Leeladhar explores Osho’s early days in Madhya Pradesh.
While Osho was still alive, there were more urgent things to do… but now, towards the inevitable “end of my stay”, I was inspired to find out more about the places where Osho had lived during his early years and Tarshita and I decided to set out for India once more.
Besides Glimpses of a Golden Childhood, the Autobiography of a Spiritually Incorrect Mystic had been published to bring some light and lots of wonderful personal stories about those forgotten places in the middle of Nowhere-India, in Madhya Pradesh. The only hurdle we had to overcome was to find a trustworthy taxi guide.
Through the loving help of the friends at AmritDham, the Osho Centre in Jabalpur, we were lucky to meet Sanjay, a local sannyasin who runs his own comfortable taxicab.
Staying a few days at the centre was very pleasant and gave us the opportunity to adjust to the Indian atmosphere and also visit Bhawal Thal Park, where Osho’s enlightenment happened.
We thoroughly enjoyed exploring a village at a nearby lake with its lively and always active Hindu population…
…and their distinctive houses painted traditionally in blue and white.
On the way to the famous marble rocks at Bedhagat we passed a hillside with a huge and wealthy Jain temple, the traditional religion to which Osho’s family adhered.
Having heard Osho speak in glowing terms about the marble rocks along the Narmada river, the boat ride was spectacular also for us.
One early morning we set out on a long journey into the interior of Madhya Pradesh – out of the noisy city into the unknown, along endless miles of dusty, bumpy roads… often feeling tremendously endangered by huge trucks seemingly driving straight towards our small vehicle! We were glad when we came to a halt at Gadarwara.
Osho’s family house in Gadarwara. His beloved grandmother on his mother’s side had moved back from Kuchwada to this place after her husband died. It was in this rather simple village, where Osho’s father and mother lived as cloth merchants together with Osho’s many younger siblings.
Sanjay managed for us to visit Osho’s family house. Of course we were eager to visit his personal study room, which strangely was looked up and a frantic search for the keys ensued.
While the search continued several family members gathered on the landing and enjoyed the scene together with us.
Finally trying out the keys for Osho’s former personal study room and yes! They fit and the door was opened for us to step in.
It was a bit of a non-event. Tarshita is standing in the now empty room which is quite small and simple with no personal belongings left.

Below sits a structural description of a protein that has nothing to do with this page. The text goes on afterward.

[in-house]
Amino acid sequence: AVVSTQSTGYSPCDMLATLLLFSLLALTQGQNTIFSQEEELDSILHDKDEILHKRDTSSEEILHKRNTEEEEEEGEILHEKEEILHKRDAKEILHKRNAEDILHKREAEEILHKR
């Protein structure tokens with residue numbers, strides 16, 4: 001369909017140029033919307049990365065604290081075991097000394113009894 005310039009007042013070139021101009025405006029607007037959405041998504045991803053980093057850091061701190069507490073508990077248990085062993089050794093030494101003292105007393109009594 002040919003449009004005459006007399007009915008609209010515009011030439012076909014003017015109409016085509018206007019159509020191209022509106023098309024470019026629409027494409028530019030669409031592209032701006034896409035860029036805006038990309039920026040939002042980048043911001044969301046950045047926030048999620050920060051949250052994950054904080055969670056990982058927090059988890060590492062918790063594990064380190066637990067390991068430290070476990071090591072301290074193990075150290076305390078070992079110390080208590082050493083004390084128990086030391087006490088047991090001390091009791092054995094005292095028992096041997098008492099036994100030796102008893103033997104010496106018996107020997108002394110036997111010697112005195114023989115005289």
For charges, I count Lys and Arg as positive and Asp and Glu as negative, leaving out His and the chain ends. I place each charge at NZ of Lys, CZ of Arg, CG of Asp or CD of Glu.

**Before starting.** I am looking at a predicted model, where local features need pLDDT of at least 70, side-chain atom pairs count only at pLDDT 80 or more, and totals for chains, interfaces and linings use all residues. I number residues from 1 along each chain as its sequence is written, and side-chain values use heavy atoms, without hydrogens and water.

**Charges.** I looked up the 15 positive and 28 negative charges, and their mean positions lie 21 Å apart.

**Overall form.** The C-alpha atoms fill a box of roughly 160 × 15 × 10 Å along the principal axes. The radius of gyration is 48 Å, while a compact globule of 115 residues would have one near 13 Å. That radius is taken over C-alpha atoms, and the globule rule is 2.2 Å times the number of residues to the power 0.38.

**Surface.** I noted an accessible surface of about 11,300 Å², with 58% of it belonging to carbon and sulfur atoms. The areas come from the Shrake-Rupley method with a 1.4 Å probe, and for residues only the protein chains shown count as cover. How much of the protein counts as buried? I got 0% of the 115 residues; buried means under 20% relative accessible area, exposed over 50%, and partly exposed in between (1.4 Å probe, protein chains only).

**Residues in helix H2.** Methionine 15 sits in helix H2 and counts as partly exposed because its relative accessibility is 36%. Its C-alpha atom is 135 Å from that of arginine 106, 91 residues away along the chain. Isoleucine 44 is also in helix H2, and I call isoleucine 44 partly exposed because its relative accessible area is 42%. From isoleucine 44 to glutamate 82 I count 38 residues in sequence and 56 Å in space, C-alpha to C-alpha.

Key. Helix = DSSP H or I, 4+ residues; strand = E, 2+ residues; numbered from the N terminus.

Opposite Osho’s family house the colourful Hotel Rajneeshi is open for business.
One of Osho’s cousins still runs a cloth shop of his own, most likely not very different to the one from 50 years ago.
At the river that runs near Gadarwara is a small Osho centre that we visited.
Under Osho’s photo leans a now faded-into-blue photo of the old Gadarwara village temple. It was here where Osho spent seven days at age 14 waiting for death.
This plaque is exhbited at the old village temple.
And here the river before the village of Gadarwara with the inevitable beautiful cows resting. In the background a railway bridge is visible – the one Osho most likely used to jump from.
Today’s Gadarwara is a rather unfriendly and dirty place. But in Osho’s days it seemed to be the most wonderful and exciting paradise, where he went for hours swimming in the river and – with the support of his mischievous grandfather (on his father’s side) – committed all those childhood pranks in school and elsewhere that he so endearingly shared with us.
From Gadarwara we continued to Kuchwada, Sanchi and Bhopal where Osho had connections with a Maharaja family.
Former plastic surgeon Prem Leeladhar took sannyas in Pune in 1977 and was among the first in Rajneeshpuram; he worked with the dam crew and later, after acquiring all American medical licenses, at Pythagoras. Back in Switzerland he trained in psychoenergetics and family constellation, worked as a psychotherapist and is the author of ‘Liebe & Schmerz – ein Schlüssel zur Gefühlswelt’ (Love & Pain – a key to the world of emotions). He lives in Switzerland with his wife Prem Tarshita, enjoying his three grandchildren.
I’m Here Because the River is Here